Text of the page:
WASHINGTON—We understand that, given the timing, this deal was necessary to avoid default and stabilize the financial markets; nevertheless, we are disappointed that it appears our most vulnerable citizens will bear the brunt of this solution. The deal does not create jobs or further invest in our infrastructure or our children. In fact, it will likely lead to huge cuts in programs for children, seniors and those who can least afford it, yet it doesn’t ask 1 cent of shared sacrifice from the wealthiest or from corporations. Finally, we are concerned this deal will have long-term negative consequences to state and city budgets, including school budgets—budgets that already have been affected by the deep recession.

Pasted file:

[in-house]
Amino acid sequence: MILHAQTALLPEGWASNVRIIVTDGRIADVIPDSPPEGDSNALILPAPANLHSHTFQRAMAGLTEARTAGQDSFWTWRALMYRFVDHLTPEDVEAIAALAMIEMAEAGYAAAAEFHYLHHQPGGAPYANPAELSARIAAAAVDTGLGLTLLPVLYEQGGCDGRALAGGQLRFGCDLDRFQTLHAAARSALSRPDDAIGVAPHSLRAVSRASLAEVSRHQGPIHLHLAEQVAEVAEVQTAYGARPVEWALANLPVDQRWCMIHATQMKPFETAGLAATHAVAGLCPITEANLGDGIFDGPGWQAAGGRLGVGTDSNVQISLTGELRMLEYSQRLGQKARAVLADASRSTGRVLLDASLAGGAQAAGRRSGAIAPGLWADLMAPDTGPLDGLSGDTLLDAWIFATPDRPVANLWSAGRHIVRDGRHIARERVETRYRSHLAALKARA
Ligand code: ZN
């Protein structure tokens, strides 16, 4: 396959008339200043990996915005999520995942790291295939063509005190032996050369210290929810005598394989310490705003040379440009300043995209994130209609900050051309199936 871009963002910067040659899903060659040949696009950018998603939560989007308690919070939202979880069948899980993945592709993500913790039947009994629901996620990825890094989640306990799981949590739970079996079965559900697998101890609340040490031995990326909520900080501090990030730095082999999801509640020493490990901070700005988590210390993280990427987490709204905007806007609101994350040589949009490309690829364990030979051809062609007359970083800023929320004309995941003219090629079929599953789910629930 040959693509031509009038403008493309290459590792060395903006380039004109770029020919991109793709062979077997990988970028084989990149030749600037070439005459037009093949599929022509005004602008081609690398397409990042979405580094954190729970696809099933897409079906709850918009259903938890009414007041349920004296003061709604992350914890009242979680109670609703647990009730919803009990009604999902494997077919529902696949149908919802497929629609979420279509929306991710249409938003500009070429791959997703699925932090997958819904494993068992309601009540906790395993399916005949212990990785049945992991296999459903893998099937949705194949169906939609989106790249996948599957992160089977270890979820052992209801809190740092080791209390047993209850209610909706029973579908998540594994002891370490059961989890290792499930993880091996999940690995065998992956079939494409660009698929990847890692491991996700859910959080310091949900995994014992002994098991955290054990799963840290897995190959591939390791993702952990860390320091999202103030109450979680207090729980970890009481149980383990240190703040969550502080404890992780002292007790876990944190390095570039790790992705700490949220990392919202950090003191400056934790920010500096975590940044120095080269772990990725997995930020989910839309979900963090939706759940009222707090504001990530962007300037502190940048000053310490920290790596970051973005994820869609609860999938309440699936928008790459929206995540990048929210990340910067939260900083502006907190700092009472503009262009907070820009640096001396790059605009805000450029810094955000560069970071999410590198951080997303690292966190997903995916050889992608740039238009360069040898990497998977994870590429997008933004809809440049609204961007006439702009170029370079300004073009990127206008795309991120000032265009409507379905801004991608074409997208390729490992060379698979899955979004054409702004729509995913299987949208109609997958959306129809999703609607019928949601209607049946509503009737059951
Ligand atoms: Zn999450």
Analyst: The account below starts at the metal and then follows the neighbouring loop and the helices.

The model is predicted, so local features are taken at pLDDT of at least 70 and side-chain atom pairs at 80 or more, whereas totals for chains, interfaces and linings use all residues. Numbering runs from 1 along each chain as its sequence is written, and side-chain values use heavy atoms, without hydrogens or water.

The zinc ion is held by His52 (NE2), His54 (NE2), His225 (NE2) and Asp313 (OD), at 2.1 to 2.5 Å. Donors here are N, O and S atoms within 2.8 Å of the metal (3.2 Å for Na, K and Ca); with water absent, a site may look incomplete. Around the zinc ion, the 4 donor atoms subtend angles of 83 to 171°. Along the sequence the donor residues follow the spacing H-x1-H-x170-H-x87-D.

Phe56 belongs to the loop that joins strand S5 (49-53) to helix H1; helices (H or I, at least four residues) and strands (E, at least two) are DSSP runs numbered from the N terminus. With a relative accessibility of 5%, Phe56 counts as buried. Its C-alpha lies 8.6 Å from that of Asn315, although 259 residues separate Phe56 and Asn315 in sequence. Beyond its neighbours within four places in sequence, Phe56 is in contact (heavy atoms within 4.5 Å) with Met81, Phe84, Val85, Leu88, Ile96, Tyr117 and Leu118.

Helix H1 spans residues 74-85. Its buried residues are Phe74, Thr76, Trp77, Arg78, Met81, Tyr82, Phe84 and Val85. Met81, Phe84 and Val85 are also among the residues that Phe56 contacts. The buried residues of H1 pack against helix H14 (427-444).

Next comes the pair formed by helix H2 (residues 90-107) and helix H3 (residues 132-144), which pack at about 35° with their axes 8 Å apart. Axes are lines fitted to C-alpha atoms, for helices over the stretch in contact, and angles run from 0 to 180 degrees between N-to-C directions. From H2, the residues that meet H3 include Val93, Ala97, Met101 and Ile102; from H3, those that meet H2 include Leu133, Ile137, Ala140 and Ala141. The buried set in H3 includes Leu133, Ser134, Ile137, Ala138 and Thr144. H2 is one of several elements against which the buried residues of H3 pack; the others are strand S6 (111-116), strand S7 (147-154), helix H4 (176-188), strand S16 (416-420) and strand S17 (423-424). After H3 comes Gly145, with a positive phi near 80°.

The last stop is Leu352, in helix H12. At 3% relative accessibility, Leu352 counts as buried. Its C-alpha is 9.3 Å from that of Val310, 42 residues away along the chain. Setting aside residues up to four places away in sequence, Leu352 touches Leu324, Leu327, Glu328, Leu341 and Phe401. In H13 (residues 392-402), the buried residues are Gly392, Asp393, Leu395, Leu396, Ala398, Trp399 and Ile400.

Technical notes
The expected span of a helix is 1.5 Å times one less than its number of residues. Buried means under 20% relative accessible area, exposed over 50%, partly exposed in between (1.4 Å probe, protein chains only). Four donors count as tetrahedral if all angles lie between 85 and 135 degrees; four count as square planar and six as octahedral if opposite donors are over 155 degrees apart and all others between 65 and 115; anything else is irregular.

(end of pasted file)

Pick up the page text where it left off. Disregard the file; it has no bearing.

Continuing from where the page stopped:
The debt deal is a temporary fix to a problem caused by the worst recession since the Great Depression, years of tax cuts and giveaways, two wars and the unfunded 2003 prescription drug program. Going forward, we need a thoughtful, constructive discussion focused on meeting the priorities necessary for a better future, including sensible spending and investments in programs that will create jobs, provide for those who need help the most, increase revenues from those who can afford it, and stimulate the growth of our economy for years to come.